Medicare Drug Program Helped Seniors Become Healthier, Reduce Other Care Cost
Drug cost dropped as expected but health improved, too, for those who had not enjoyed drug coverage
July 26, 2011 - Among elderly Medicare beneficiaries with limited prior drug coverage, implementation of Medicare Part D
was associated with significant reductions in nondrug medical spending, such as for inpatient and skilled nursing facility care, according to
a study in the July 27 issue of the Journal of the American Medical Association (JAMA.)
When the Medicare (Part D) prescription drug benefit began in January of 2006, it has the expected results for senior
citizens of greater medication use, reduced out-of-pocket costs, and a better job of taking the drugs as prescribed.
But, these researchers found no one had previously looked at Part Ds impact on nondrug medical spending for these
So, J. Michael McWilliams, M.D., Ph.D., of Harvard Medical School and Brigham and Women's Hospital, Boston, and
colleagues compared nondrug medical spending for traditional Medicare beneficiaries before and after the implementation of Part D.
Nationally representative survey data and linked Medicare claims from 2004-2007 were used to compare nondrug medical
spending before and after the implementation of Part D by self-reported generosity of prescription drug coverage (extent to which medications
were mostly or completely covered) before 2006.
Participants included 6,001 elderly Medicare beneficiaries from the Health and Retirement Study, including 2,538 with
generous and 3,463 with limited drug coverage before 2006.
Adjusted total nondrug medical spending before implementation of Part D was consistently, but not significantly, higher
for participants with limited drug coverage than for participants with generous drug coverage (7.6 percent relative difference).
The researchers found that nondrug medical spending after Part D implementation was 3.9 percent lower for participants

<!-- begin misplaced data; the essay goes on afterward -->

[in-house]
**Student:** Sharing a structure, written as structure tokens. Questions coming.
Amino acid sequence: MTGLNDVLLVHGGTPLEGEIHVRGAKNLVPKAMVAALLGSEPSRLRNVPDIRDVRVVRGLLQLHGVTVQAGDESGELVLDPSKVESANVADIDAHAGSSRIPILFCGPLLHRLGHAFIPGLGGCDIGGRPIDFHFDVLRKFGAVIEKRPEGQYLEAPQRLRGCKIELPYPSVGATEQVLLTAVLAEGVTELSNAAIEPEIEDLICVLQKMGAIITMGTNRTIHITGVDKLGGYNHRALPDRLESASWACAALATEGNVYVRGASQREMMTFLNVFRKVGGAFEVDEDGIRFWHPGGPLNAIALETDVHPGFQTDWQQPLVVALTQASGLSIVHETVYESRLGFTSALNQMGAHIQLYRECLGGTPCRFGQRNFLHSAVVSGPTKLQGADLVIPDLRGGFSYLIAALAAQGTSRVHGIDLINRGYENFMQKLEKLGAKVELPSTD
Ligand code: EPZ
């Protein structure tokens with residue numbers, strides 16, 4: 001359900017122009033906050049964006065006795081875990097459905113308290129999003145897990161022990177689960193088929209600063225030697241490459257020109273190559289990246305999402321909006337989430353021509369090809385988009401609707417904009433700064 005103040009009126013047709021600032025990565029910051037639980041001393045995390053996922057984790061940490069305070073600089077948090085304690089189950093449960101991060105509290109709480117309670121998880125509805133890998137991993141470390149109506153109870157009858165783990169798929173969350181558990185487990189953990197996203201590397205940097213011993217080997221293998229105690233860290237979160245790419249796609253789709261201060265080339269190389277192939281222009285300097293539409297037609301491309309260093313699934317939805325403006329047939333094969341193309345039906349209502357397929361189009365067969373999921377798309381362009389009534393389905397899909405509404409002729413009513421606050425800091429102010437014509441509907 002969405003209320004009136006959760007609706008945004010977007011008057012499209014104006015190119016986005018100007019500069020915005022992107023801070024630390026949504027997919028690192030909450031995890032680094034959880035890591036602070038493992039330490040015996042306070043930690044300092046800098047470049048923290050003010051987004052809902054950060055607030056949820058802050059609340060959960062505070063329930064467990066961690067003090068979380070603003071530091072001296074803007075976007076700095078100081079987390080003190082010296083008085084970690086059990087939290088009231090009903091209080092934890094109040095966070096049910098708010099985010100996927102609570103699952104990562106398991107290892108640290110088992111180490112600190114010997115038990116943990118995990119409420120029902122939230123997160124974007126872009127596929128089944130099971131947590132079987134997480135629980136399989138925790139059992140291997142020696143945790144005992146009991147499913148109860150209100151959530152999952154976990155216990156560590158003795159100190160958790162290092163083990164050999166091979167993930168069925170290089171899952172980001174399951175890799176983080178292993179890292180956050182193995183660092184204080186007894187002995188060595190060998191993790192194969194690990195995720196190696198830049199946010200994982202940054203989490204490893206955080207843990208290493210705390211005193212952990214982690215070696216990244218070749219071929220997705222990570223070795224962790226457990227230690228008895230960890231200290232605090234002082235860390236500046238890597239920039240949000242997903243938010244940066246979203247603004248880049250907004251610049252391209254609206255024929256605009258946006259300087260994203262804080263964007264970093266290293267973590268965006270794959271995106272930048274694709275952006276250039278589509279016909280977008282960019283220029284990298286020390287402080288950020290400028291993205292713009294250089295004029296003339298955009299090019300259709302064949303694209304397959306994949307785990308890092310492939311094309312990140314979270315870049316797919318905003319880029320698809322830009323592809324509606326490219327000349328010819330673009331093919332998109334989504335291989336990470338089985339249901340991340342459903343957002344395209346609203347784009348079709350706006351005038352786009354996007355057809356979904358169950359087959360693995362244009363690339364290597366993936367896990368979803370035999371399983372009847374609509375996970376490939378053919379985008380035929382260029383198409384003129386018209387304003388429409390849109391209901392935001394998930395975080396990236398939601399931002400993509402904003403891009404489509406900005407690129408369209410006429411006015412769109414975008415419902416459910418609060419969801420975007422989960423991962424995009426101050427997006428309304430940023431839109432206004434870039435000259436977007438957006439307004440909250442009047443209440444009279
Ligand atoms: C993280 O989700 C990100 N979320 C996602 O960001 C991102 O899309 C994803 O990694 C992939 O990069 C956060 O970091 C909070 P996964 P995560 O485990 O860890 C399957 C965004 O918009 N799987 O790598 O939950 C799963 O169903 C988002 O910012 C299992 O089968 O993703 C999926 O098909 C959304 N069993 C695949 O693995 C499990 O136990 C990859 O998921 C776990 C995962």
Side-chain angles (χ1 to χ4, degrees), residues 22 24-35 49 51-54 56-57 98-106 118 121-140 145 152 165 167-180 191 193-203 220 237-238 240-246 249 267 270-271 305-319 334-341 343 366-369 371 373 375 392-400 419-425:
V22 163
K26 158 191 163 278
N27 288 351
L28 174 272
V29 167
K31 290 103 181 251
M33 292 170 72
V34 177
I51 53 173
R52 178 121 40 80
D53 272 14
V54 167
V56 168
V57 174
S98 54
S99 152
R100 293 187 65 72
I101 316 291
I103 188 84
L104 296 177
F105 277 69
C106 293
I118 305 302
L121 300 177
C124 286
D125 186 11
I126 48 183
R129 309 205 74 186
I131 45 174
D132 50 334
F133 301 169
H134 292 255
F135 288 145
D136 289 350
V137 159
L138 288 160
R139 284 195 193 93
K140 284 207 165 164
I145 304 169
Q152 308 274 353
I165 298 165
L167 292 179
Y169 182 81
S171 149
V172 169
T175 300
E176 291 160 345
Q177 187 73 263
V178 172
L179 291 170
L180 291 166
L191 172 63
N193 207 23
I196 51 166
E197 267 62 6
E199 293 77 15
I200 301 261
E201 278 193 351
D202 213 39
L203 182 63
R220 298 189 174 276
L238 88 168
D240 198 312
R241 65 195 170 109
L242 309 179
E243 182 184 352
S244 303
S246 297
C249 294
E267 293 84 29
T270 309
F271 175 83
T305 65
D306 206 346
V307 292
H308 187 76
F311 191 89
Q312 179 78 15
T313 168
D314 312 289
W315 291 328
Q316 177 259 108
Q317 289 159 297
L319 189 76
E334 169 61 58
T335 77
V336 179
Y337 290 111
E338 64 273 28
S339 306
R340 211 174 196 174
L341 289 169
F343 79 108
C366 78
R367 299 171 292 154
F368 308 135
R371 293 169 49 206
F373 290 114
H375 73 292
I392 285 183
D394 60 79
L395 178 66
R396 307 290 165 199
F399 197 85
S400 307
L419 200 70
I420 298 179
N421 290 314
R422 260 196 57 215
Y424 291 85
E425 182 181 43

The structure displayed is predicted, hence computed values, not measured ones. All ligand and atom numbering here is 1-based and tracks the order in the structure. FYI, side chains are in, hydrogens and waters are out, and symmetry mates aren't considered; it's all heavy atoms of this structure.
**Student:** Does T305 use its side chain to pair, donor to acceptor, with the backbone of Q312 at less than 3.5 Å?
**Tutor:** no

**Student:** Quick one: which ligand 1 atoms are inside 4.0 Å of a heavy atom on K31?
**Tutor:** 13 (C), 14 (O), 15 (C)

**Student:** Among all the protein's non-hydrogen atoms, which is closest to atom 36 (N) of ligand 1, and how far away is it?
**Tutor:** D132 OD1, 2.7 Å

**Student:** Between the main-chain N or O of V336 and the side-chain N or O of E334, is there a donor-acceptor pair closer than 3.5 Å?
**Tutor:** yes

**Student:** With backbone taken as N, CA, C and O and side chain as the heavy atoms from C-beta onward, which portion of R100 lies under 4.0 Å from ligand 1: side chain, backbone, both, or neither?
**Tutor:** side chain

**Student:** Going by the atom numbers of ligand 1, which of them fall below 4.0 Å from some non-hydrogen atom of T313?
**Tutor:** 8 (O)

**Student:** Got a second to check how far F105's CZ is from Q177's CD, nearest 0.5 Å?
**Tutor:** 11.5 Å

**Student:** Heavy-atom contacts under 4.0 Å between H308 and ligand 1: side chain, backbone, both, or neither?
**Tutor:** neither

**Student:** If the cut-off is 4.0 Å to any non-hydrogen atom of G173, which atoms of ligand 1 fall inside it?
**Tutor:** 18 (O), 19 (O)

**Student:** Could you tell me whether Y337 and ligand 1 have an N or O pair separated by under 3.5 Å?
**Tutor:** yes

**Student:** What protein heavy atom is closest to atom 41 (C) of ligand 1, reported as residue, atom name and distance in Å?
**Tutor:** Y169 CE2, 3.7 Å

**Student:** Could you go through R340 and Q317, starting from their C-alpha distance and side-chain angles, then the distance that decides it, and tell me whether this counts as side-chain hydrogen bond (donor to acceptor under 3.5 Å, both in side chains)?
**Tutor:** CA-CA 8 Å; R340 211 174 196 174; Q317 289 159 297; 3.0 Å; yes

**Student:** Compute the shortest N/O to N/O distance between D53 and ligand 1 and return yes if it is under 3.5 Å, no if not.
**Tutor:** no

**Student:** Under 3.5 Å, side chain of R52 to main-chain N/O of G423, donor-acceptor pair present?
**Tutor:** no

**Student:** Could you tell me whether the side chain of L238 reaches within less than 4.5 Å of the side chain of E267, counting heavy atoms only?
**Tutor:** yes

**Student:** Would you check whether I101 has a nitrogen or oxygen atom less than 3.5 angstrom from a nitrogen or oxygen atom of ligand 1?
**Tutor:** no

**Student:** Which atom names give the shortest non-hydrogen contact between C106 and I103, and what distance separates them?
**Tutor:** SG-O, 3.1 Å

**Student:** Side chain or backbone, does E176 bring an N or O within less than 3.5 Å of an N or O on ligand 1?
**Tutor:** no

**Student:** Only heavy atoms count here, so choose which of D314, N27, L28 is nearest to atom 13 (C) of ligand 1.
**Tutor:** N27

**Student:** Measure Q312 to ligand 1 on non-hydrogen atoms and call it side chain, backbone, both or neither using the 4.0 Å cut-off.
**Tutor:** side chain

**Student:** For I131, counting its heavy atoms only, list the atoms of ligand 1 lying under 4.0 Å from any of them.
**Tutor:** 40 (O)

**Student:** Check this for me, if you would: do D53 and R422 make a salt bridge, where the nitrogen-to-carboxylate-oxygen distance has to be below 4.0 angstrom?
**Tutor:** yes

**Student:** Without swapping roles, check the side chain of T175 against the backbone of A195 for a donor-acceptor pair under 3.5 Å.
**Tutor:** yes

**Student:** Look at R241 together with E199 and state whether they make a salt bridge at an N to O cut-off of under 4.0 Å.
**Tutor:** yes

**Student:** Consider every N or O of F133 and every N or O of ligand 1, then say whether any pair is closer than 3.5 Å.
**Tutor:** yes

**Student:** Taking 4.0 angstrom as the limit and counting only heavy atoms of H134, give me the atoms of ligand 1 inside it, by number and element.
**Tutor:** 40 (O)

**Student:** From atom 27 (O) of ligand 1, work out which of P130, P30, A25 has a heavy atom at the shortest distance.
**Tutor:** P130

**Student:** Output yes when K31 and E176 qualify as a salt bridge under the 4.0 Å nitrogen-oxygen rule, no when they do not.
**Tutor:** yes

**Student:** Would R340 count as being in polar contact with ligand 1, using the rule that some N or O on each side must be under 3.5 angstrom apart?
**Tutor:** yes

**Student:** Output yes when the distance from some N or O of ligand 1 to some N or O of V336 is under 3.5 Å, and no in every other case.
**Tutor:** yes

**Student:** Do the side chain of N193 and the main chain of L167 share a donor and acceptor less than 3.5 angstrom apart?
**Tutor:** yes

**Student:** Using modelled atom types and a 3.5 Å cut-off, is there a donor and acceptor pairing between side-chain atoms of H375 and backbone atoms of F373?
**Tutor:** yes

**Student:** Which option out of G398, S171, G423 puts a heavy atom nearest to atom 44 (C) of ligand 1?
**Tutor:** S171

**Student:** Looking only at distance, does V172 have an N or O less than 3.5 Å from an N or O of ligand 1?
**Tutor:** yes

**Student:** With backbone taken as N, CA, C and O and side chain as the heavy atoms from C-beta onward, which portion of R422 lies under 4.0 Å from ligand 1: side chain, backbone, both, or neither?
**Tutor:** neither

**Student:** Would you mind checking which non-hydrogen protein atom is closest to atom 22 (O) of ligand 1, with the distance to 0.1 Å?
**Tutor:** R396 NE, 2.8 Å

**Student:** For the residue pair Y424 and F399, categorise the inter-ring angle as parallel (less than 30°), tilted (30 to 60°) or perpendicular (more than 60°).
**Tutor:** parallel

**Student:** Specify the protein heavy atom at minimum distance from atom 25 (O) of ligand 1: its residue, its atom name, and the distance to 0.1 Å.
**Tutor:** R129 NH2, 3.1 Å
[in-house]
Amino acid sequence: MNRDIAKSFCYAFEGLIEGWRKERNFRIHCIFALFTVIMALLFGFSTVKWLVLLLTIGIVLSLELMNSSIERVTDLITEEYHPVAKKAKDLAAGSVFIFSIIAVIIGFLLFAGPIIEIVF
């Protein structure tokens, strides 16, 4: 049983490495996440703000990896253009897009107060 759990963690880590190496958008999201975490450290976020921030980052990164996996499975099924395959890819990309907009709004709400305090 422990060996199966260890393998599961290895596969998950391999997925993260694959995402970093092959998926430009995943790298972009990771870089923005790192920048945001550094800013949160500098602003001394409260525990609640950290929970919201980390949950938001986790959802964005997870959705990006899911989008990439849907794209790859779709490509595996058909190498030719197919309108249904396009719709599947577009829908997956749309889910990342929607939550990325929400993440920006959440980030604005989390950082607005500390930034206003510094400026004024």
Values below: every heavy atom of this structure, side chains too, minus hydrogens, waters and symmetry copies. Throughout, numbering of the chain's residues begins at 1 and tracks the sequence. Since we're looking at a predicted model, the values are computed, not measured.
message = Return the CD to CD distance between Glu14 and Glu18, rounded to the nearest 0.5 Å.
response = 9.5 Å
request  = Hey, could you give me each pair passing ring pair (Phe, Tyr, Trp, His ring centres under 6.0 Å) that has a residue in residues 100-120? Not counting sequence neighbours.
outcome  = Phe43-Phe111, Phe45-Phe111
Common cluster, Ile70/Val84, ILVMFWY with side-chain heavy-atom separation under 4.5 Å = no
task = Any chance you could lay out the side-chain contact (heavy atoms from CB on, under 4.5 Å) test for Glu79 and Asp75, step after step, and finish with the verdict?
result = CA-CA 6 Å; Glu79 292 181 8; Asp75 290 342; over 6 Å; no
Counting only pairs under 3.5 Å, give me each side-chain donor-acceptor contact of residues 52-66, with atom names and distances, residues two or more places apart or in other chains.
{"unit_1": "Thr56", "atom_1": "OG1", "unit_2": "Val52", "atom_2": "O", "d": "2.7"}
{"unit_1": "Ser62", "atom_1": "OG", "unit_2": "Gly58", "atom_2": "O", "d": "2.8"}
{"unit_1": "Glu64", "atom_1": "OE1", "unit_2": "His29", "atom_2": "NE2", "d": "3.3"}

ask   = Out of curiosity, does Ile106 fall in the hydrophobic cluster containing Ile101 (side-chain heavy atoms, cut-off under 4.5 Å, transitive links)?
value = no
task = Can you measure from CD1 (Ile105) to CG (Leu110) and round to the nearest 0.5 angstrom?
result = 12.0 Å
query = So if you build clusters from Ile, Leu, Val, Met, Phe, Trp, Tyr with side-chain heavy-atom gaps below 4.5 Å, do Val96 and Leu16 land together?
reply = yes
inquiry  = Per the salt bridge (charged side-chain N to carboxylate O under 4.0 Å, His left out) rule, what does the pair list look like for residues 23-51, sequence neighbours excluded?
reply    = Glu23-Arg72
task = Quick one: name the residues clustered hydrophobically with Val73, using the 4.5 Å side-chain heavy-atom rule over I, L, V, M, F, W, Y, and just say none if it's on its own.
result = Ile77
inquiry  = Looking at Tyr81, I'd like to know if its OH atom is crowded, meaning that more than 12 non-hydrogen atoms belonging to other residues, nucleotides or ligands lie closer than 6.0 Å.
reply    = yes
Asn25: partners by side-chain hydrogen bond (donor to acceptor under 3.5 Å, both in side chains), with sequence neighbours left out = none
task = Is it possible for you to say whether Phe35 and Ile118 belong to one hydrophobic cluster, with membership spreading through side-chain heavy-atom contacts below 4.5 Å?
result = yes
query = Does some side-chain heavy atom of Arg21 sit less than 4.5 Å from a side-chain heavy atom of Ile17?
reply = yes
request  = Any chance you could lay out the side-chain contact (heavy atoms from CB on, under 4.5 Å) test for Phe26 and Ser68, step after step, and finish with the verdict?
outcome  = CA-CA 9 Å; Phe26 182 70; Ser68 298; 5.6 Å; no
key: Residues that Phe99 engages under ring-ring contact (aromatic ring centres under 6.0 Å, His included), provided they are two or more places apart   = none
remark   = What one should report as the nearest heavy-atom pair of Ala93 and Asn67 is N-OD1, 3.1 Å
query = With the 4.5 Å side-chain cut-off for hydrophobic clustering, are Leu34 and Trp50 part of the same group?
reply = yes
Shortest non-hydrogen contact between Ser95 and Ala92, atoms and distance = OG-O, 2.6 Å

with limited prior drug coverage than for those with generous prior drug coverage, which was a significant difference (-10.6 percent).
"This differential reduction in relative terms corresponded to an average absolute difference of -$306/quarter between
observed and expected spending for participants with limited prior drug coverage," the authors write.
This reduction was explained mostly by differential changes in spending on Part A inpatient and skilled nursing facility
institutional services (-$204/ quarter).
"Part D implementation was also associated with small differential reductions in spending on Part B physician and
ancillary services for participants with limited prior drug coverage (-$67/quarter).
These differential reductions in spending on Part B services were not associated with differential changes in outpatient
visits (-0.06 visits/quarter) and were thus likely attributable to reduced use of inpatient rather than outpatient physician services."
The researchers add that nondrug medical spending in the control group did not differentially change after January 1,
2004, for beneficiaries with limited prior drug coverage in 2002 ($14/quarter), relative to beneficiaries with generous prior coverage.
"In concert with previous studies, these findings suggest that increased medication use and adherence achieved through
expanded drug coverage for seniors have been associated with decreased spending for non-drug medical care," the authors write.
"The economic and clinical benefits suggested by these reductions may be enhanced by further expansions in prescription
drug coverage for seniors, improvements in benefit designs for drug-sensitive conditions, and policies that integrate Medicare payment and
delivery systems across drug and nondrug services."
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